Egypt’s ruling party grabs nearly all senate seats

Egyptian President Hosni Mubarak’s ruling party has won almost all the 16 seats in the runoff elections for Egypt’s upper house of parliament, according to official results and media reports on Tuesday.The balloting Monday came a week after the first round was marred by violence and accusations of vote manipulation.

Two state-owned dailies, Gomhuria and Ahram, were first to say in their Tuesday evening editions that the ruling National Democratic Party (NDP) won 14 seats while the remaining two went to independents allied with the NDP.

Hence, the ruling party emerged with a total of 84 seats in the upper chamber, or Shura, leaving three seats for allied independents and one for a small leftist opposition party.

Adel Andrawis, head of the Supreme Election Committee, speaking on state television, later confirmed those results, described the election process as “an excellent performance of democracy.” However, Monday’s elections lacked the excitement of the first round two weeks ago, because no members of the Muslim Brotherhood — Egypt’s largest opposition group — took part.

The faction fielded 19 candidates in the initial round of voting, but failed to win any seats.

It was the first time the brotherhood had competed for Shura Council seats. Its participation was largely symbolic, aiming to show that the Islamic fundamentalist group remains a force, despite an increasing government campaign to drive it out of Egypt’s politics.

Gomhuria said the turnout was zero in two Coptic-dominated constituencies in the southern city of Aswan, and very low in other places. Seven voters cast ballots in two polling stations in the town of Kafr Sheikh. Six people were slightly injured in a fistfight between supporters of rival candidates in the southern town of Sohag.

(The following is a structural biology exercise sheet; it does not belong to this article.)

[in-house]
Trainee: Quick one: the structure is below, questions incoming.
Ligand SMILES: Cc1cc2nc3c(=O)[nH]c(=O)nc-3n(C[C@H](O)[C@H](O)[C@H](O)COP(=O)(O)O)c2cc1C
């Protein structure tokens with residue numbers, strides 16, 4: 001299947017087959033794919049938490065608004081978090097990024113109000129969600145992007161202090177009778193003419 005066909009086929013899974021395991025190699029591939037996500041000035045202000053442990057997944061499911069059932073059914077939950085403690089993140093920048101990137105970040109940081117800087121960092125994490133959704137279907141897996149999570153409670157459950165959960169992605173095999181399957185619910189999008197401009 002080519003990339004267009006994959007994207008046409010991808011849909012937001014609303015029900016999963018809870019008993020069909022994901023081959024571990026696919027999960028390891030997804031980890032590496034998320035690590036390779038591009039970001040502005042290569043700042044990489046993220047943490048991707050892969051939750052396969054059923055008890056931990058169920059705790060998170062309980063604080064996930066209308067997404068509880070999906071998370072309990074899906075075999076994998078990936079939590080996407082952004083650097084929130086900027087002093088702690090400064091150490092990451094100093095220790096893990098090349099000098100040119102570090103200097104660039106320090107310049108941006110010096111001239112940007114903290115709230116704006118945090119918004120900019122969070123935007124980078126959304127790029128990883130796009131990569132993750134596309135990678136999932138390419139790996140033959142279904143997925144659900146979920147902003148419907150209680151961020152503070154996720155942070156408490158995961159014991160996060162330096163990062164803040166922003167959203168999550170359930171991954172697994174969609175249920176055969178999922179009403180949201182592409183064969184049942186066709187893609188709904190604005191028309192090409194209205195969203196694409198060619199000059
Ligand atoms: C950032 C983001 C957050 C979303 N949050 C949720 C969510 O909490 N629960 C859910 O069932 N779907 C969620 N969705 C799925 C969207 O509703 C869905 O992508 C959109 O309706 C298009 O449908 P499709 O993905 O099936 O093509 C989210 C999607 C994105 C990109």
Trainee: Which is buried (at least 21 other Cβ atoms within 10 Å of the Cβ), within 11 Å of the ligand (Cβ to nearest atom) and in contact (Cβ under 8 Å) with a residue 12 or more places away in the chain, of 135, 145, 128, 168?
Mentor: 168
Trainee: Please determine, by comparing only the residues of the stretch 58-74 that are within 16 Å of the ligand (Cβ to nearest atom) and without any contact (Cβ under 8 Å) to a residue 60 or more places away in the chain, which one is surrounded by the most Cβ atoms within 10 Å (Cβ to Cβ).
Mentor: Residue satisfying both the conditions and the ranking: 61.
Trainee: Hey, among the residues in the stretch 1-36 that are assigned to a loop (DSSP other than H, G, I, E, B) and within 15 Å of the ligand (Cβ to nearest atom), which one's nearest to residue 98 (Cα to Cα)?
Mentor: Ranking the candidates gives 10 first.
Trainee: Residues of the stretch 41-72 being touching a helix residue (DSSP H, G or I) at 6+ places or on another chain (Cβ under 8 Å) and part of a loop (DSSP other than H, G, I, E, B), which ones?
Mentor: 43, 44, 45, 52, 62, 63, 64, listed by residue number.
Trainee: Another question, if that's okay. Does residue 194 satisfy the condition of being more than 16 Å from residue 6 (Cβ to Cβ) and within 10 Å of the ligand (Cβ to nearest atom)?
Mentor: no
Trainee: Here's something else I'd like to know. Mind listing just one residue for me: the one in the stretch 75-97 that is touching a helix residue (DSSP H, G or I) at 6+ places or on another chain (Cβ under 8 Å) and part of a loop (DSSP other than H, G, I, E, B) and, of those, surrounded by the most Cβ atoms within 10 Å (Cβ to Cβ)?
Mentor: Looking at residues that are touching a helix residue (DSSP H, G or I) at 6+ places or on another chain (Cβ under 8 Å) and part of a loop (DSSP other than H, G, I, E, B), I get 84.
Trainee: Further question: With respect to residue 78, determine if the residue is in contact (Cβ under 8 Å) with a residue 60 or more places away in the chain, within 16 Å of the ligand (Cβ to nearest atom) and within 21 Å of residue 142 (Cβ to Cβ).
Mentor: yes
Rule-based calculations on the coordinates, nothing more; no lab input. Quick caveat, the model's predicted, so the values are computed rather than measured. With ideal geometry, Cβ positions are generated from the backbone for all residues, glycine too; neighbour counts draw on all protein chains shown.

The paper also reported instances of vote-buying in constituencies where competing candidates belonged to the same party, the NDP, and said that paying people to vote reportedly raised the turnout in some polling stations to 65 per cent.

But Andrawis said about 800,000 people out of more than four million eligible voters cast ballots and put the turnout was 19 per cent. He said the elections passed smoothly, with no serious disturbances.

In the first round of voting two weeks ago, one person was killed and several others injured in clashes between supporters of rival candidates. Police said authorities arrested 400 brotherhood members on election day.

At the time, the Supreme Election Committee said about 31 per cent of the country’s 23 million eligible voters cast ballots, but human rights groups put the turnout at about 5 per cent. The groups did not give a turnout for Monday’s runoff.

The United States has said it was troubled by reports of widespread voter fraud and coercion in the first round.

US State Department spokesman Sean McCormack said reports of undemocratic practices by government agents in Muslim Brotherhood — majority areas were “of deep concern.” The brotherhood stunned the government by scoring large victories in 2005 elections for parliament’s lower house, winning more than a fifth of the legislative body’s seats to become the largest opposition bloc. Though the group is officially banned, its members run as independents.

Only 176 members of the Shura Council are directly elected for six-year terms, with half of those seats coming up for election every three years. Mubarak appoints the remaining 88 members.

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